Helping your Neighbourhood Partnership deal with Planning Applications that affect trees

1     Obtain Planning Applications from Bristol City Council (BCC)

Each week, BCC sends out an email list of all new planning applications to all those who have asked for one. To get your free copy, email development.management@bristol.gov.uk and ask for your email address to be included in the list of recipients. Remember to tell them that you represent a Residents’ Group as a Tree Champion (or similar) for your Neighbourhood Partnership.

2     Then find the bits relevant for you

A weekly MS Word and a PDF version, called cd-weekly-list [ddMMyy], will be sent to you as an attachment. This usually arrives on a Monday. Both are interactive with links to the BCC Development website. To examine applications in your area, either click in the PDF version or hold down the Ctrl key  and then click in the MS Word version on the Ward name in the index page. You will be taken to the relevant section of the list for that Ward.

For example:

planning-page-example

When you click on Cabot you will be taken to the entries for Cabot ward. You can then click on any address listed. Each application is displayed with a number and a suffix code. These application numbers are interactive, so clicking on them will take you to the online application page. The Application number will look like this – Application No. 16/00556/VC. Once you are in the Application page then the fun begins!

3     Should you sign up and log in?

You do not have to, but registering on the web site does make commenting easier as you are required to enter your details for each application you comment on, so it will be quicker and easier if you create a profile so that you can log in to each time you work on the site. This saves you having to re-write your details each time. When completing the registration form, identify yourself as a Tree Champion – maybe after your surname (e.g. [J] Doe (Cabot Ward Tree Champion).

4     Tree Applications

All Residents and businesses must apply for Planning Permission when planning works to trees which are either In a Conservation Area or have a Tree Preservation Order (TPO) placed on them, but you may also come across planning applications where developers need to or want to fell trees to enable the development to proceed.

Once you decide to look at an application there are several stages to consider. Each Planning >> Application Summary page has several layers to it and you may need to look at most of these (see below).

5     Should I look at all Applications?

Ideally, yes. Scroll through the list of all applications in your chosen Ward(s). You will not have to look at all the applications in detail, but do maintain a high index of suspicion. If in doubt – take a peek.

For some applications, the code at the end of the application number can help:

VC – works to trees in a Conservation Area.

VP – works to living trees with a TPO.

VD – works to a dangerous tree with a TPO.

Some applications are obviously about trees. For example, “Application to fell a conifer……….”, but issues about trees may be hidden in amongst other applications (this is where you will develop a sixth sense). For example:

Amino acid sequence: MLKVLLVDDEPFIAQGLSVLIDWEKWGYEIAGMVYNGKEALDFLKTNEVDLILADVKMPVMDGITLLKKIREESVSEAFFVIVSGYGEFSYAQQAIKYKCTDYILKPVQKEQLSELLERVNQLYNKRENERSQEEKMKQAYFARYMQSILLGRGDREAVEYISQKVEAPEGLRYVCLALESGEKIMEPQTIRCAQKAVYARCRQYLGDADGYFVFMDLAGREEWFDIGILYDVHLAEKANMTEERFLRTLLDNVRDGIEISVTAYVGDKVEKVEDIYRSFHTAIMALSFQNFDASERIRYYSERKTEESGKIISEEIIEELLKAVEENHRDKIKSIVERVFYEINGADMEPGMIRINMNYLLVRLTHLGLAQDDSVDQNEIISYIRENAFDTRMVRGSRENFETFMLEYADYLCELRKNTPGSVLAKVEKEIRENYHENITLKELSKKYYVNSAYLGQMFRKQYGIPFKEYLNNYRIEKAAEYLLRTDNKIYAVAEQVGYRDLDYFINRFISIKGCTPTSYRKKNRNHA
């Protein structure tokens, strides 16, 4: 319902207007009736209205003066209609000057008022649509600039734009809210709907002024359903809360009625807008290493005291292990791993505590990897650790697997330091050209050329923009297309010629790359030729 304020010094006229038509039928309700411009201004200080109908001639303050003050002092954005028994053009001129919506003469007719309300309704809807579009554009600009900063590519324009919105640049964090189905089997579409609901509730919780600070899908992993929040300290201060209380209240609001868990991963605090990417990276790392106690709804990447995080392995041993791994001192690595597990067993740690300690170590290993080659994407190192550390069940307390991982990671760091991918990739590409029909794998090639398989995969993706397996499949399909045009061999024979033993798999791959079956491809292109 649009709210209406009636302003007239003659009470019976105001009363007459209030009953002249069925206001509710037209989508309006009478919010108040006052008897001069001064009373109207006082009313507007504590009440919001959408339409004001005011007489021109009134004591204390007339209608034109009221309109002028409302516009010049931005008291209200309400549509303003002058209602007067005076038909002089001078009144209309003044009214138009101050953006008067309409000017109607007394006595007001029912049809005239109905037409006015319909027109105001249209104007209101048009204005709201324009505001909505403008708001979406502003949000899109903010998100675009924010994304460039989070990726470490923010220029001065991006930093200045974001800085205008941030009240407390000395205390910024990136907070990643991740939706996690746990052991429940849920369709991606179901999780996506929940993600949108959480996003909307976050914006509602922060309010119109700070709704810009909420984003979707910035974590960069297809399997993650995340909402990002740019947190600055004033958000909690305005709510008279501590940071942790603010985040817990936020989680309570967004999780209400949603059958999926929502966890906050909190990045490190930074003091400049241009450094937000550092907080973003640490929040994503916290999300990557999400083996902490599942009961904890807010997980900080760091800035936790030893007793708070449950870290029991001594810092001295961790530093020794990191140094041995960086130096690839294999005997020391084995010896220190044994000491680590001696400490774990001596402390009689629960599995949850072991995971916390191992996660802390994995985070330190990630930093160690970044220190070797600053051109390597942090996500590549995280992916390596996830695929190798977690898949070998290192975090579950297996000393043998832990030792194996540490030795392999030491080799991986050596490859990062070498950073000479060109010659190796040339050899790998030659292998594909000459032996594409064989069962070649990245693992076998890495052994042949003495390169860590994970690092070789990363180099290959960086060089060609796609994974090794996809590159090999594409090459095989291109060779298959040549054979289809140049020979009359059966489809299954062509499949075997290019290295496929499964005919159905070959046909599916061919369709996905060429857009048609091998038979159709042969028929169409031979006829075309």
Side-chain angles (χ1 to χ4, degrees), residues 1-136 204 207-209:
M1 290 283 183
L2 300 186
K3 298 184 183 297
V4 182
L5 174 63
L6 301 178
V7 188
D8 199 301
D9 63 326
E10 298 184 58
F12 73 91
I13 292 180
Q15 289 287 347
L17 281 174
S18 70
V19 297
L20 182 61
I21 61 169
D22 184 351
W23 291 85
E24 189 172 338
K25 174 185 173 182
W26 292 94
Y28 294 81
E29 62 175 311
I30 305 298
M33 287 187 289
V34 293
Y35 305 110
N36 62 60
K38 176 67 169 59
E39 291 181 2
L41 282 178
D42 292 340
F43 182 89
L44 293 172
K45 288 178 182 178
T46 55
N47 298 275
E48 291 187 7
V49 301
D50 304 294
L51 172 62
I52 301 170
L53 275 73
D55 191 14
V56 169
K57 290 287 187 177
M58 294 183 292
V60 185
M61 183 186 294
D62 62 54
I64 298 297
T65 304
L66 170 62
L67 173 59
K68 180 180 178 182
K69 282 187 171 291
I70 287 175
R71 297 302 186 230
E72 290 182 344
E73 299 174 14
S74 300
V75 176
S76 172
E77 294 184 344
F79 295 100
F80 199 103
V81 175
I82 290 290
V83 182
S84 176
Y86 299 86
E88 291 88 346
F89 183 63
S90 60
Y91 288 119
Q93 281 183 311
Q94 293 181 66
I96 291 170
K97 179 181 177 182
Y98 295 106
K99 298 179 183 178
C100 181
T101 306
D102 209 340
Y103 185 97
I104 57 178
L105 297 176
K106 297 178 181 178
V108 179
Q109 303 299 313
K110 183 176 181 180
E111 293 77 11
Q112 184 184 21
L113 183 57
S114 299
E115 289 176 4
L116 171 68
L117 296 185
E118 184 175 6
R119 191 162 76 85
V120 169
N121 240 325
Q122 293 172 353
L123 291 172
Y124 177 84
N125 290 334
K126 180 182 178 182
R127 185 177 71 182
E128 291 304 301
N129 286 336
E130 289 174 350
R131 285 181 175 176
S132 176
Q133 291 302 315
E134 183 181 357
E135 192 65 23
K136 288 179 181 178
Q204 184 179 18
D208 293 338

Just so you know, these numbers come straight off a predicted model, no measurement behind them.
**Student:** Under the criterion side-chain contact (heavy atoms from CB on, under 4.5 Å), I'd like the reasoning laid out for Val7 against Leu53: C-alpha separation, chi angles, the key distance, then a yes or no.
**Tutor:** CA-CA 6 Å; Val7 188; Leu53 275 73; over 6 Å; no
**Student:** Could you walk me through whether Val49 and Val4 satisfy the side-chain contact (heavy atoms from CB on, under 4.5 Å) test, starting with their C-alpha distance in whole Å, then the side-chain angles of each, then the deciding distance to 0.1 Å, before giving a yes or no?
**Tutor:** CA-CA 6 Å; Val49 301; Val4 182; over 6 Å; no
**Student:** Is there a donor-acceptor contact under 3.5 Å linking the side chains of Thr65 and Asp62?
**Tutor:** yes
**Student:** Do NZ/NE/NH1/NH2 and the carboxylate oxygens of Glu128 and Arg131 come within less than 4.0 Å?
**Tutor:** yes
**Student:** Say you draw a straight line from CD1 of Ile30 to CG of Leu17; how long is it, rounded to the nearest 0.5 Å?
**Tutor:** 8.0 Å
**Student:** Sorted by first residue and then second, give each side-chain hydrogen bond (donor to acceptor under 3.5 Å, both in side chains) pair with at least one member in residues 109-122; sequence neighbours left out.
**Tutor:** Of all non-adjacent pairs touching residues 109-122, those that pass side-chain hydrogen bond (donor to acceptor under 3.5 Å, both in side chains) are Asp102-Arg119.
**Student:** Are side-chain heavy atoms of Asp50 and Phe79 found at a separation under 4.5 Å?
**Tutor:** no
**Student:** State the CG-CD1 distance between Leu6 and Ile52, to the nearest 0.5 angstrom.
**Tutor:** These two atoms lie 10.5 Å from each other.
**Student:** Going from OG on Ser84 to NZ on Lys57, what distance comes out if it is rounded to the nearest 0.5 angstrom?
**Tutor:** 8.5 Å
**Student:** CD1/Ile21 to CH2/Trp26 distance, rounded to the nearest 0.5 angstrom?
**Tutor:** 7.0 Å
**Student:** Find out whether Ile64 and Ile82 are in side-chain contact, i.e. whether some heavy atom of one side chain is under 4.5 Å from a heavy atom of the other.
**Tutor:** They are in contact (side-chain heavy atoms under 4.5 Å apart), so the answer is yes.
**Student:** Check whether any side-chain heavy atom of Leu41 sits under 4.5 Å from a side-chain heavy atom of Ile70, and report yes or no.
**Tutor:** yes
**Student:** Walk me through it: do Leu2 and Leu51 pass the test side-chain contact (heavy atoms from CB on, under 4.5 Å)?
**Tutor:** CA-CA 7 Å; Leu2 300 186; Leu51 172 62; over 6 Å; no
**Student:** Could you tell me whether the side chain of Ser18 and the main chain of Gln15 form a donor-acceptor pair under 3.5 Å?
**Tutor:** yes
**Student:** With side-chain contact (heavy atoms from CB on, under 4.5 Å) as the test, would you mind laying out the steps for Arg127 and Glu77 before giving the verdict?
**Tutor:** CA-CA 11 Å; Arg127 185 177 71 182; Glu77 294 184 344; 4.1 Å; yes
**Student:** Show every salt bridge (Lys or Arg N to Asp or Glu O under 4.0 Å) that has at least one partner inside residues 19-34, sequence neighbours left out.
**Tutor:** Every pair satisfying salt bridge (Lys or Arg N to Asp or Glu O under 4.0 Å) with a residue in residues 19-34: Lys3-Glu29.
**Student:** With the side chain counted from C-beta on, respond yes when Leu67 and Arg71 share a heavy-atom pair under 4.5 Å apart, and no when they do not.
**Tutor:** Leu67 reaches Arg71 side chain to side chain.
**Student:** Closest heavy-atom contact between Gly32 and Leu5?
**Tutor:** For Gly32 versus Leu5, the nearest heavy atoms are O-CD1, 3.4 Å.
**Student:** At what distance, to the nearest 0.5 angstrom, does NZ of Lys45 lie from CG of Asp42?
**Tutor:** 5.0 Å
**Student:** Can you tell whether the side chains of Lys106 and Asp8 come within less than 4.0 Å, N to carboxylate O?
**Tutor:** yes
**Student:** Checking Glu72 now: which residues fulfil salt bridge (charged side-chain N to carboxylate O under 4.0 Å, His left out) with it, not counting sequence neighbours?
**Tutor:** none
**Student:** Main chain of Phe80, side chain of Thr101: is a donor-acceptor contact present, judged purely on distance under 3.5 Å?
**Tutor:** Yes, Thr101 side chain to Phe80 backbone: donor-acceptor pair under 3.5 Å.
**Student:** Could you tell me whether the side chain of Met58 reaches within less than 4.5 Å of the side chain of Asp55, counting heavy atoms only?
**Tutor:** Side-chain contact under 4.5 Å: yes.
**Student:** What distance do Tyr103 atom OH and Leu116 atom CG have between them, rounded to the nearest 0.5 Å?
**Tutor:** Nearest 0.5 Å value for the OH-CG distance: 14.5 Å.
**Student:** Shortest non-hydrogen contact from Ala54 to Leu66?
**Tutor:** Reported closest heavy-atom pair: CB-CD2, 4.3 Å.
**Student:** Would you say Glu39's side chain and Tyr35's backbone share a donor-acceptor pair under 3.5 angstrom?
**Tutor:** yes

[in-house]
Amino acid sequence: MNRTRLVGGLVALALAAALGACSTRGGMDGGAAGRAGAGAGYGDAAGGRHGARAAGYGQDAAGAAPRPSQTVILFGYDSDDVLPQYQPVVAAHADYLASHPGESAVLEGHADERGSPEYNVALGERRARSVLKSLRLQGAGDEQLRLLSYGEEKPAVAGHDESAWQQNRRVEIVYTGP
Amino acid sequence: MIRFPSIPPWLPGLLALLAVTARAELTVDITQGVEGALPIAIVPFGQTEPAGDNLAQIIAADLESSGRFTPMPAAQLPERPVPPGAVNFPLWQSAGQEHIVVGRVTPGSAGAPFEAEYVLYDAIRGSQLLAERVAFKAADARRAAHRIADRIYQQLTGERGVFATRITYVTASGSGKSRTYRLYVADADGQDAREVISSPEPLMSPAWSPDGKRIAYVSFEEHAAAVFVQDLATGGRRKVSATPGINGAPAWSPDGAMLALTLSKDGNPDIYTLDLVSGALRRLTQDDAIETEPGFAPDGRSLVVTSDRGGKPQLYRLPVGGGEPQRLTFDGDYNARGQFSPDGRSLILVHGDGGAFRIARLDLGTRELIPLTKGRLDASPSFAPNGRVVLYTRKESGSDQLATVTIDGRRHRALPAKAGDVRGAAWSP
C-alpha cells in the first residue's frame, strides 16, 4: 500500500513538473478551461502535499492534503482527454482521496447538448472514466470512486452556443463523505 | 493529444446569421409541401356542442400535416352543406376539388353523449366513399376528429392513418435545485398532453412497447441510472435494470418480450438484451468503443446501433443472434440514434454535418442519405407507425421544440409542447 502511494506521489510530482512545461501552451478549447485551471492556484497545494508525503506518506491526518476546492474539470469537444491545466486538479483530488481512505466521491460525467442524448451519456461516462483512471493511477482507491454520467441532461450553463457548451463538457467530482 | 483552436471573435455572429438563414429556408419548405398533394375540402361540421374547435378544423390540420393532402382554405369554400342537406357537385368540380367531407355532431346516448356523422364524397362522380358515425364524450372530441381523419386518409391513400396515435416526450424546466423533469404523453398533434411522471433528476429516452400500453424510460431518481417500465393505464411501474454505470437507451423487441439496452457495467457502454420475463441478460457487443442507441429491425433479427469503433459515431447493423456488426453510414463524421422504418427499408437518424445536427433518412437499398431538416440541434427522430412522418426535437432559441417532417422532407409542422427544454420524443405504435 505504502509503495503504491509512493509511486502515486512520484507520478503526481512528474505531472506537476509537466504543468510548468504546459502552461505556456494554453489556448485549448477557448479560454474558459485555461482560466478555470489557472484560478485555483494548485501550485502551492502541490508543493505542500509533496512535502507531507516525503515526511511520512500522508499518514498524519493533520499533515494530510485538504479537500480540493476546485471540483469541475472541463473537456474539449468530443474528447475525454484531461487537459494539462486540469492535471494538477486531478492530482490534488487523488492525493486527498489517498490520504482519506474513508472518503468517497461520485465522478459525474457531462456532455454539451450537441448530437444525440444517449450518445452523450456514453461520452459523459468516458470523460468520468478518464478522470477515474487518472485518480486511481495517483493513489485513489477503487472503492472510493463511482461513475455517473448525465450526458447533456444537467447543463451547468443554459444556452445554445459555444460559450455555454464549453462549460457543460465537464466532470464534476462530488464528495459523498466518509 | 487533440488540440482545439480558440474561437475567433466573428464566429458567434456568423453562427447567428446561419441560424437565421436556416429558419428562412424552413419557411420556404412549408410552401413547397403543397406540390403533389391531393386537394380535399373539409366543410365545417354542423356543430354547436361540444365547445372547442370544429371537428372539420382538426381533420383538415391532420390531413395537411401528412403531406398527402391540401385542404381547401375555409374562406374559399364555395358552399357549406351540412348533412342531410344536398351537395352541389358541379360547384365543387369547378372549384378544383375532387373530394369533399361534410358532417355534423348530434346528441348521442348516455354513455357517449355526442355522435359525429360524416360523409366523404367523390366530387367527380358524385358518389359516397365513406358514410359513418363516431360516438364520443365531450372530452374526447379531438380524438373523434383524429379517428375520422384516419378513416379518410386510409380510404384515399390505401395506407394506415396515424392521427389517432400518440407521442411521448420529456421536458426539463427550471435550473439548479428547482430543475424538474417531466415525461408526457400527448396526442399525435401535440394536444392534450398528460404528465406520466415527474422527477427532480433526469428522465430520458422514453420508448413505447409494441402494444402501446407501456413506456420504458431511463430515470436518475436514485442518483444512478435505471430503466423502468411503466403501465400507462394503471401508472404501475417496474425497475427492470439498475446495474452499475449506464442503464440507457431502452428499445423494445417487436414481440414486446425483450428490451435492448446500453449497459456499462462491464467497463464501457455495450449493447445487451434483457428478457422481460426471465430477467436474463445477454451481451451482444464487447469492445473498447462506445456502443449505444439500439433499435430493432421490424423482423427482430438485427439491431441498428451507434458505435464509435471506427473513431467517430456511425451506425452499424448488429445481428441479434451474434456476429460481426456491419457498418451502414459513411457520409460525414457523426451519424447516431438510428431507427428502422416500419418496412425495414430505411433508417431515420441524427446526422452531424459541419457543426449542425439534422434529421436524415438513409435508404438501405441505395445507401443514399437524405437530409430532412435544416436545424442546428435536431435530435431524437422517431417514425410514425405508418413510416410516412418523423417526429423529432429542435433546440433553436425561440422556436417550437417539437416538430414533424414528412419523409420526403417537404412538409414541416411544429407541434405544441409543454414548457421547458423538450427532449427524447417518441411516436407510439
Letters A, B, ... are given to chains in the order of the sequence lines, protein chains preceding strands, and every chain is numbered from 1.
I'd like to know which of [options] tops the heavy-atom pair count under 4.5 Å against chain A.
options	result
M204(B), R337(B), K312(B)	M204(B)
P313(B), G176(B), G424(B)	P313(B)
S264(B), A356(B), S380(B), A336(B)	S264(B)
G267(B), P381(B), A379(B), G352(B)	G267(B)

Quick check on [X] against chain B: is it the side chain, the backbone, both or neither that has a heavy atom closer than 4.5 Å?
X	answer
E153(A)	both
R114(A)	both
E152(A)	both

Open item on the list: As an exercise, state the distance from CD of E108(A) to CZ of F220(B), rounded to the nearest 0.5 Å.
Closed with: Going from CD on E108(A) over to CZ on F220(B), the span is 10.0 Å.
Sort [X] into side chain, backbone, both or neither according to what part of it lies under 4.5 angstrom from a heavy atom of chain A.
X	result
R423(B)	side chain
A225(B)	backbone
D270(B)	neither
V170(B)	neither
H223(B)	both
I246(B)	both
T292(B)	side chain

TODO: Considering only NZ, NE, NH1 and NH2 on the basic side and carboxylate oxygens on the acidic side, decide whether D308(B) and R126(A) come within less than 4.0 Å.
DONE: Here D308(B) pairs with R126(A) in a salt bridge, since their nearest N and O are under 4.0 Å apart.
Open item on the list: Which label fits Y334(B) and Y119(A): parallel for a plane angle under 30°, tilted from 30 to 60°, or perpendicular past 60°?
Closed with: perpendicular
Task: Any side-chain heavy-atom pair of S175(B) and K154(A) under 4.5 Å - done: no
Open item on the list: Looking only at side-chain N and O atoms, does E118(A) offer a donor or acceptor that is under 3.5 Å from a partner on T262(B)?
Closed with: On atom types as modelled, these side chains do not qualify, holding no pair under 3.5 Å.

• Applications to build new buildings in wooded areas, or involving landscaped gardens around a public building (e.g. a Police Station or a Hall of Residence) are likely to affect trees; or
  • Applications to build extensions to houses could also lead to a loss of trees.

However, applications to replace a conservatory with an extension, or change a shop sign, are unlikely to affect trees.

If an application’s listed documents contain an arboricultural report, then trees are affected.

Applicants are required say whether trees or hedges will be affected by a proposed development, but they sometimes either omit to answer the question or answer it untruthfully. If you have any doubts, look at the plans – these might show trees affected by the development.

6     Even if I have found a tree application, which ones should interest me?

As you get experienced at this task you will be able to answer this question for yourself.

Applications that are for crown reduction, crown lifting or pollarding are usually not as drastic as tree felling, and decisions about this are often best left to council Tree Officers. Applications relating to trees that are declared as dead, dying or dangerous are also best left to the professionals, but check any arboricultural report provided first.

If a tree is subject to a Tree Protection Order (a TPO) or in a Conservation Area, Tree Officers can require that the applicant provide a replacement tree. This is something you might want to comment on.

The only way that a Tree Officer can save a threatened tree is to put a TPO on it – even if it is a tree in a Conservation Area. However, for a tree to be made the subject of TPO, it must meet certain criteria. Currently, this requires that:

  1. It is a fine or good specimen of its species; and
  2. it provides a public visual amenity (i.e. it is visible from a public space, usually the street).

Sadly, other good things about trees in general – e.g. that they contribute to life on this planet and improve our general well-being in so many ways – do not count.

Also, if a tree which is the subject of a TPO comes under threat, it must continue to justify its TPO at the time the application is made. This means that if it has deteriorated (maybe because of poor management), or become included in back gardens because of previous surrounding development, or it no longer provides a public visual amenity, then it may lose its TPO and may be lost.